M. BRETT GAFFNEY
Soldiers in San Salvador, 1986, After Mass on the Day They Found Little Luíz
I pray that she stops
I pray that you stop.
When Asked Why I Believe in Ghosts:
Because they’re here and we can’t see
them. Because I saw my dog
make her way around the couch in the dim
Summer afternoon two years after she died.
Because you don’t have proof they’re not
and because I don’t have proof they are—
unless of course you count the night
at the old sanitorium when my flashlight
beamed its little bulb of its own accord
after I asked the night to turn it on.
Because I wake up every morning
with sand in my eyes, unsure of how
it gathered there. Because I was raised
Catholic and pray to Saint Antony
when I lose things: earrings, a screw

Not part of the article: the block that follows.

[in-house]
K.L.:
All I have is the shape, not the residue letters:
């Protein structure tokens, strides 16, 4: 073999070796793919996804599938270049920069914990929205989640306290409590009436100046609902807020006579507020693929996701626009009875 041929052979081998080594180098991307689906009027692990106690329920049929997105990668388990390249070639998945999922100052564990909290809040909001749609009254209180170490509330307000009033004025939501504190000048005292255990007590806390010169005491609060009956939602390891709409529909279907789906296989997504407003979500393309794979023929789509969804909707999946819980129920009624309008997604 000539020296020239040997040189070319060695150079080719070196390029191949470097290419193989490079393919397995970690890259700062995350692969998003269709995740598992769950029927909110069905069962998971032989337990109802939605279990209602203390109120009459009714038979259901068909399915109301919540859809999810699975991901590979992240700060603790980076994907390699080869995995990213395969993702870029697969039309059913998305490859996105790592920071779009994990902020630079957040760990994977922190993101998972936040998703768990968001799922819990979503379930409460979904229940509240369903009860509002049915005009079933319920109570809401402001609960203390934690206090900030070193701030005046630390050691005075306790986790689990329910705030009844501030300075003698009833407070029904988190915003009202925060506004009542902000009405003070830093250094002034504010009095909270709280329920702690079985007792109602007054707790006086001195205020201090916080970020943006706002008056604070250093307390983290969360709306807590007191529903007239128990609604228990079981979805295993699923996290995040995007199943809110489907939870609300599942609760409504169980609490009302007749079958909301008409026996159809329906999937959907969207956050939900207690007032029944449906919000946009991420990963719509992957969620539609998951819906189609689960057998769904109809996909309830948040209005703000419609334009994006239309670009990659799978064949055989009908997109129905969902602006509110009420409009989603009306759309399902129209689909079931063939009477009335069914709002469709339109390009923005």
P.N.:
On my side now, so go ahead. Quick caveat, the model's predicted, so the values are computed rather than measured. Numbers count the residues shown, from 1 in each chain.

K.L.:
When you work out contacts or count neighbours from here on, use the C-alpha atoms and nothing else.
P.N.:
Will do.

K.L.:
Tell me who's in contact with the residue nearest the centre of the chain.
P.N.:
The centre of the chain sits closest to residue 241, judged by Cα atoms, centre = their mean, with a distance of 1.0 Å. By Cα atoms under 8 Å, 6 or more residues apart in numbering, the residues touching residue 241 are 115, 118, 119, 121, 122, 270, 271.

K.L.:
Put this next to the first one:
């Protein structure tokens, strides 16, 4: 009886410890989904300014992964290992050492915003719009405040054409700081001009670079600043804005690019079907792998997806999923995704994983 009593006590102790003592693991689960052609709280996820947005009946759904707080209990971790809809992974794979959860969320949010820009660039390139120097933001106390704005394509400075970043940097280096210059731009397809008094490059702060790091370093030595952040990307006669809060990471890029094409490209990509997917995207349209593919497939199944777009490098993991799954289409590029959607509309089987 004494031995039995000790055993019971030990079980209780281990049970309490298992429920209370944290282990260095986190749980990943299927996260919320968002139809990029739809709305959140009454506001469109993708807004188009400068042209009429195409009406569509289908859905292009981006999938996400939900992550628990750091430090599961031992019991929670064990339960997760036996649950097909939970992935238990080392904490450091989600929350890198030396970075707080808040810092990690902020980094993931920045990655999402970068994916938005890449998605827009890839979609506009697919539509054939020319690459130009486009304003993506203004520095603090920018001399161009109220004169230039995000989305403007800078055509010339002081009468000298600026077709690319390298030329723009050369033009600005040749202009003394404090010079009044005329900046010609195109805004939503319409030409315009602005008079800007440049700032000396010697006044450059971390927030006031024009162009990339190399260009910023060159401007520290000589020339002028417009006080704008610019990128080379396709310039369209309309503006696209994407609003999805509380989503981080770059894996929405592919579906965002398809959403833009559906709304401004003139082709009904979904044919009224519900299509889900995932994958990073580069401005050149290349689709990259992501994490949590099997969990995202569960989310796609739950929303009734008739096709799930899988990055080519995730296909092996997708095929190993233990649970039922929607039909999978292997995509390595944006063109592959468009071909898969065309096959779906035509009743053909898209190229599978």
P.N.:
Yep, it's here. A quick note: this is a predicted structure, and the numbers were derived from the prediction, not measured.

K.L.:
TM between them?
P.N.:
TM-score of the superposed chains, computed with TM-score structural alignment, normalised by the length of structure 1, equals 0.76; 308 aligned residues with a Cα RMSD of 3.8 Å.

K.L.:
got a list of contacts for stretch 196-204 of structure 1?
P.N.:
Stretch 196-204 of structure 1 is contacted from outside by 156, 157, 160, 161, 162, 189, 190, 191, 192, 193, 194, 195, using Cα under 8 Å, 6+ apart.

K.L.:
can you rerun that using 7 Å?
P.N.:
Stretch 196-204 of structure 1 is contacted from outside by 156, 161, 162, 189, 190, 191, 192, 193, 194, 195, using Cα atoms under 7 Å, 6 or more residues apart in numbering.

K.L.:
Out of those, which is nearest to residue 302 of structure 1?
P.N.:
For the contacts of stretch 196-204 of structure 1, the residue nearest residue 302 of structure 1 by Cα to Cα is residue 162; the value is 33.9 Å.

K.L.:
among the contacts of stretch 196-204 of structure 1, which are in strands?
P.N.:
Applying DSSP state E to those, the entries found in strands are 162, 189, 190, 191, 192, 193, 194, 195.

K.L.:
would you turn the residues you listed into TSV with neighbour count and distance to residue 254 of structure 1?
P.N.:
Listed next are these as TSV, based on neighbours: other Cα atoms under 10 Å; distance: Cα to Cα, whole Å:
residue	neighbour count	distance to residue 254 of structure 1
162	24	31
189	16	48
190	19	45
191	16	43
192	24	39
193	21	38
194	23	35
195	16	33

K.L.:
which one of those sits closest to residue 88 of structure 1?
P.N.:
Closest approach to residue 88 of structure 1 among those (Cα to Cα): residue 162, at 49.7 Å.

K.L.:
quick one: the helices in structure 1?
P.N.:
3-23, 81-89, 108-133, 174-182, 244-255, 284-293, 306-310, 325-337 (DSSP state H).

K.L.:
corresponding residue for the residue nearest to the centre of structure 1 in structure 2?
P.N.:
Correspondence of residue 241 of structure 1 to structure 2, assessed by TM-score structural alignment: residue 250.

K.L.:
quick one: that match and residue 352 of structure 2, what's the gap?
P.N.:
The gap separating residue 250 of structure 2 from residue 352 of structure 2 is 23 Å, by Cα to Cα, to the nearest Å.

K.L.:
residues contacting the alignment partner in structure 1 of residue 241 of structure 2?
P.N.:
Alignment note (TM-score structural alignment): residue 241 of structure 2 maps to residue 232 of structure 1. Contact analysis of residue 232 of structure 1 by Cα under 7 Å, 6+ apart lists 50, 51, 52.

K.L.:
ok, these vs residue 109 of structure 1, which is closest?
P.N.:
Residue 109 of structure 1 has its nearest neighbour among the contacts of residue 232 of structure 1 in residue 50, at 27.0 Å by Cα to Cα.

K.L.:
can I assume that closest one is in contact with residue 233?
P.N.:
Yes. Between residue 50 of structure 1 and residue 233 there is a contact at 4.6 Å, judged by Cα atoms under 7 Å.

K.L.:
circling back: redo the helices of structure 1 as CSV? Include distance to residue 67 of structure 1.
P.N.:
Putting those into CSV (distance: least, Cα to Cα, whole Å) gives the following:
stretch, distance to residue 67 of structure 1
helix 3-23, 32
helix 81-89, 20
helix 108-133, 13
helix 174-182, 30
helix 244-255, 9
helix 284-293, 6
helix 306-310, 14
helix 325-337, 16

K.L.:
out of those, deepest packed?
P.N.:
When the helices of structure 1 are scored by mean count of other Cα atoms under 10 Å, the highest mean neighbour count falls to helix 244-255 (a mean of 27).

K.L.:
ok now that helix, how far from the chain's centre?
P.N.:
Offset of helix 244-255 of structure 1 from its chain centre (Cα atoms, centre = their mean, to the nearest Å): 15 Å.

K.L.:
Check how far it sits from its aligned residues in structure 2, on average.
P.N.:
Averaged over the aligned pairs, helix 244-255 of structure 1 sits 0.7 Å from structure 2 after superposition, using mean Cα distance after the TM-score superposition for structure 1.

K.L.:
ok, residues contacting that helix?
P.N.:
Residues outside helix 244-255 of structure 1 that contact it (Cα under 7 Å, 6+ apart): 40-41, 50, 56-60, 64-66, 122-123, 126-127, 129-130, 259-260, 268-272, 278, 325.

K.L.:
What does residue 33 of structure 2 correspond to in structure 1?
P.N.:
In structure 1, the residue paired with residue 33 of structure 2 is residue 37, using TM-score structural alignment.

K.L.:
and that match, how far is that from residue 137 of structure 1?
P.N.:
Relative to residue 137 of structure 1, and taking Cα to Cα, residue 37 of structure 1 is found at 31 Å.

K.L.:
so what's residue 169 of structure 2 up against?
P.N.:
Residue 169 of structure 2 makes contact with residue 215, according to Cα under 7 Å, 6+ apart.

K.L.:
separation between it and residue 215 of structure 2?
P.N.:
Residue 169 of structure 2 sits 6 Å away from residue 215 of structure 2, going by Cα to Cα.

from my only pair of eyeglasses,
my grandfather’s rosary beads.
Because when I pray I find them and what
more are Saints than glorified ghosts,
metaphors for anything that haunts us,
follows us, watches us when we think
we’re alone, when we wash ourselves,
water beading like fingers across our skin.
Because when I was a child I woke up
screaming from nightmares—my mother’s
careless step from the curb and into traffic,
grammy’s collapse while raking leaves—
each time waking with the cold, tasteless
sense of mortality, the awful knowing
that one day they’d be gone. Because ghosts
don’t go. Because ghosts spend their days
trying to get back, desperate to find
a lost hairpin they meant to give their niece,
wanting to lie in bed at noon beside
their partners and wait. Because there’s
always someone talking and because
I’m here listening. Because I want to listen.
M. Brett Gaffney graduated with a BA in English from Stephen F. Austin University and is currently pursuing an MFA in poetry at Southern Illinois University Carbondale. Her poems have appeared in The Medulla Review, Mad Rush, Precipitate, and are forthcoming in Ruminate. She hopes to one day own a pet stingray.